Some of the most important filters on plant and construction equipment are not those that feed and filter the lubricants in the engine and operating systems, but those that keep the operator of the machine healthy. Airborne dust generated on a construction site can be a respiratory hazard and lead to occupational lung disease.
By its nature, construction equipment is usually being utilised in very dusty and dirty conditions. However, little thought is often given to controlling the quality of air in the cab and which the driver or operator then breathes.
Cabin air filtration is not new. Indeed, some vehicle and car manufacturers, notably Saab and Volvo from Scandinavia, have been incorporating filtration, to protect the occupants, into their vehicles for some 40 years or more. Because of the movement of the vehicle and/or the use of a fan to bring air into the cabin, the positive pressure created can also assist with minimising contaminants.
Because of concerns, the HSE undertook research into in-cab air filtration in plant vehicles and published a report in 2018. Although the focus of this research was equipment being used in quarries, which of course can be particularly dusty and dirty, the lessons learned equally apply to plant and equipment being operated on construction sites.
Tackling occupational lung disease is a priority for the HSE. Their concern was that little was known about the effectiveness of in-cab air filtration as a control measure where drivers and operators can potentially breathe in hazardous airborne dust.
Which one of these are you breathing in through?
The research examined the factors that influence the effectiveness of in-cab air filtration systems not only including the filters themselves but also system design, in-service use and maintenance. A new scientific method was developed to evaluate filtration system efficiency.
The research found that penetration of hazardous dust into vehicle cabs was widespread. Also that staff, both at a management and an operator level, had variable knowledge about the effectiveness of in-cab air filtration and the level of protection it afforded.
Practical steps were identified that can be taken to improve the protection of workers, including the importance of filter maintenance / replacement and ensuring that drivers are made aware of the actions they should take.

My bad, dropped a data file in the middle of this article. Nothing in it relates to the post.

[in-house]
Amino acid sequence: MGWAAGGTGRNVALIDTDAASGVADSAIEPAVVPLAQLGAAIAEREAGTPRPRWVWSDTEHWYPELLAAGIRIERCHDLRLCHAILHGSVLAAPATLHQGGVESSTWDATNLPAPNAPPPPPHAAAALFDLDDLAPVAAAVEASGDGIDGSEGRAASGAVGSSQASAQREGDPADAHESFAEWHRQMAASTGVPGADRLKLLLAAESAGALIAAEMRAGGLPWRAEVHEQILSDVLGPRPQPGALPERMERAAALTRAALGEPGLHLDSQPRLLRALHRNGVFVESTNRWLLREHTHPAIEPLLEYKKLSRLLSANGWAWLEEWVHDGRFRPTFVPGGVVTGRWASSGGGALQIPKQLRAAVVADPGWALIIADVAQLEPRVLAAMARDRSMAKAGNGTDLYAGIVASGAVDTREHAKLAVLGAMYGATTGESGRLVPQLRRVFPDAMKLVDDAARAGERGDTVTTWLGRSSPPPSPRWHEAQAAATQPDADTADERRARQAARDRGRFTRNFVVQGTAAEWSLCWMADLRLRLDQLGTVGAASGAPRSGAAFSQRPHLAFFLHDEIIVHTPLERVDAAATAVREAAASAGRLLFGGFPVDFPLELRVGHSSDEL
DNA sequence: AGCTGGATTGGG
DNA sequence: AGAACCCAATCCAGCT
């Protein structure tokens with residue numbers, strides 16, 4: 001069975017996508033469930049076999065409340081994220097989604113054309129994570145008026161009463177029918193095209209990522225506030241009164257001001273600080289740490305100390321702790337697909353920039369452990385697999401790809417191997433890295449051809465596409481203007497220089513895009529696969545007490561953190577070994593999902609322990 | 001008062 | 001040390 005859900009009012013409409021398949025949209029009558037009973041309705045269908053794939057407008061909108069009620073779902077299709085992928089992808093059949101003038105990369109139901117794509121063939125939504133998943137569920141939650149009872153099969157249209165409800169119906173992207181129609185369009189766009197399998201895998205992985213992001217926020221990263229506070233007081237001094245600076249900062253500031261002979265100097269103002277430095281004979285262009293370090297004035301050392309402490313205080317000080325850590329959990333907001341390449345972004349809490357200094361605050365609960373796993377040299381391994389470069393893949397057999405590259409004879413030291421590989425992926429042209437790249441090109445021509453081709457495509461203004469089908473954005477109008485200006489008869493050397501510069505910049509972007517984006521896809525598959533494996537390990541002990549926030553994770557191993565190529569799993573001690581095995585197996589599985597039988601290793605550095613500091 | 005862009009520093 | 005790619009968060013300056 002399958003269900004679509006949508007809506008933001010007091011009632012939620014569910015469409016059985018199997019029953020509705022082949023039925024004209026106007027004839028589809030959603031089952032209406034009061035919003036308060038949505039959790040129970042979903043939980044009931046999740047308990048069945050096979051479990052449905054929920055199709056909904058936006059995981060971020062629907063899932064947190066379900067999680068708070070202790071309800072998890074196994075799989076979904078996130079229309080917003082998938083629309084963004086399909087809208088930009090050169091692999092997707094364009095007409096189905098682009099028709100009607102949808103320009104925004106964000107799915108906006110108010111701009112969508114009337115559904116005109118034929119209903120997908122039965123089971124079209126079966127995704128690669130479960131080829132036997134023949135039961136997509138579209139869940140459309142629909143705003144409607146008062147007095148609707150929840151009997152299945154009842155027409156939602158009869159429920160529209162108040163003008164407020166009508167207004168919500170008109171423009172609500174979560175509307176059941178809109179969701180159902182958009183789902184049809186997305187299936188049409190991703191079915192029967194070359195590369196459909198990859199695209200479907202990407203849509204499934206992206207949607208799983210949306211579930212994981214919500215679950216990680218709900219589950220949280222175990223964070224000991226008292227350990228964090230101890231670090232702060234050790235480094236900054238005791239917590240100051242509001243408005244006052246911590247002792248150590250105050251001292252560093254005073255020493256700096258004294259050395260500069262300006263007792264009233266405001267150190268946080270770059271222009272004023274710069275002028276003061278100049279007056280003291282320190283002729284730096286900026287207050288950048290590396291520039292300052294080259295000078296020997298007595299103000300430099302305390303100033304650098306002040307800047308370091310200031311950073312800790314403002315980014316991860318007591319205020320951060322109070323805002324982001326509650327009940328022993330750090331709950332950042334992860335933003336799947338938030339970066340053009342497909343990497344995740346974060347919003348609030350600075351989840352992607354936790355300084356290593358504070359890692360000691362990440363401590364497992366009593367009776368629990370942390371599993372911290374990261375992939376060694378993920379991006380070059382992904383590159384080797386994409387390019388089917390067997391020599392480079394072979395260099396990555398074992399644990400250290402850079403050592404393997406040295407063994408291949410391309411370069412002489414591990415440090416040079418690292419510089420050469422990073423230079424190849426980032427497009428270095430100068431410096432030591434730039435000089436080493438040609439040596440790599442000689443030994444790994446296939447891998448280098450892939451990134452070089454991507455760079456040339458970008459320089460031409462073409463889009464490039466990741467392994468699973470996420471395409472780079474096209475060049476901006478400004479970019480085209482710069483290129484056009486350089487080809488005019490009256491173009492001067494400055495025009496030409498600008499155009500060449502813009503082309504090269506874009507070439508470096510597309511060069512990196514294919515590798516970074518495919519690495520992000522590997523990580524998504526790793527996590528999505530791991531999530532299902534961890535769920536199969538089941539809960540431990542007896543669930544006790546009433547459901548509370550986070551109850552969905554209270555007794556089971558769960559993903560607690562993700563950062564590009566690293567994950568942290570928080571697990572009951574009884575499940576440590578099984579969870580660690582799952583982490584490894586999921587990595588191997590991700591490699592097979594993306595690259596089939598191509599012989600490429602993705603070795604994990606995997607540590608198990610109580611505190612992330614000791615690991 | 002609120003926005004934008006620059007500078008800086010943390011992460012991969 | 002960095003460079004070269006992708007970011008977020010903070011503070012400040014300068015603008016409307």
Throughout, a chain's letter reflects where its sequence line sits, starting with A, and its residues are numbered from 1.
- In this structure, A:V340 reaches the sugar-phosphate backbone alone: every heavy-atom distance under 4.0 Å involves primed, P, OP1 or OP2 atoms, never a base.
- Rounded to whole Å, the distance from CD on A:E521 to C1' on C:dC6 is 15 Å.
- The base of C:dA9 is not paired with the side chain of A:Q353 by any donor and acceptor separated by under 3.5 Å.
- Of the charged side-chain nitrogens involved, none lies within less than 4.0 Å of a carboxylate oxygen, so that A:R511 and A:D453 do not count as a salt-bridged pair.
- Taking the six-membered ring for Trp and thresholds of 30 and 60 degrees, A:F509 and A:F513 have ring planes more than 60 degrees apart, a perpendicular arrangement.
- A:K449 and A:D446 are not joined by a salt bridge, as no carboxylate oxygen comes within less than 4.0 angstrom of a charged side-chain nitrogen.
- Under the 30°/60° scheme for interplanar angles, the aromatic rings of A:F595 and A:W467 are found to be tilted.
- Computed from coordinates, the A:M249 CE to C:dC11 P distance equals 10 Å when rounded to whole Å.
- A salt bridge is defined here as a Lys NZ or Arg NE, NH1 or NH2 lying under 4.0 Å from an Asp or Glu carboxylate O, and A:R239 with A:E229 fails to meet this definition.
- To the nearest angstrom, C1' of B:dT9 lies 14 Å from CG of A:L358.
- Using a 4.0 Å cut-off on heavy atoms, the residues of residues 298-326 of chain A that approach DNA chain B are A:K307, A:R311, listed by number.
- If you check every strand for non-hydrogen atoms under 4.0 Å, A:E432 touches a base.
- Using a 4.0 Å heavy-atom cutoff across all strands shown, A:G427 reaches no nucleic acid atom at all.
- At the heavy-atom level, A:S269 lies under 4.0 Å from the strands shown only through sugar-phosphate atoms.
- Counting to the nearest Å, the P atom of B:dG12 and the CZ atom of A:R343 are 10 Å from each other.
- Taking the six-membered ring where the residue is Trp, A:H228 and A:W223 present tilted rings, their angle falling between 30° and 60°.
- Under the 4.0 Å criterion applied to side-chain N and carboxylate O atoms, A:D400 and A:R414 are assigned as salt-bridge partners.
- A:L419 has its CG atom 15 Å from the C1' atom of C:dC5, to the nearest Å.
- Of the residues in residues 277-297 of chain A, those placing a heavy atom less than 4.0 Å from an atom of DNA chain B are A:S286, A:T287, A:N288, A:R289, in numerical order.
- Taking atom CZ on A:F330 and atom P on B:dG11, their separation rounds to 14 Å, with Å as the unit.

Among the findings was that there was a general failure to recognise the importance of in-cab filtration and thus often the required filtration capability was not considered when purchasing filters. To maintain filter performance and effectiveness, filters should be maintained to schedule and replaced when specified. Ideally, HEPA (high efficiency particulate air) filters should be utilised to the European Standard EM1822, particularly for extreme situations where a high level of dust or similar is present.
The research also found that drivers and operators can take significant steps to reduce their exposure to outside contaminants. Examples include not opening cab doors and windows, including where possible to aid communication and ventilation, removing dust from boots and clothing before entering the vehicle plus keeping the cab clean, as contaminants can become airborne, particularly if agitated by the vehicle’s ventilation system. Also that training should be provided in this respect from a management perspective. These steps will help to ensure the effectiveness of in-cab air filtration as a control measure.
In most cases, vehicle cabin filters should not be cleaned, and certainly not with compressed air as has been the case in the past, as this will significantly compromise the performance of the filter unit. Instead, filters should be replaced at the relevant service intervals.
For further advice and/or assistance with information on in-cab filtration, please phone Holm on 01403 914400 or send an email to firstname.lastname@example.org. To select the right cabin air filters, please visit our Filter Finder.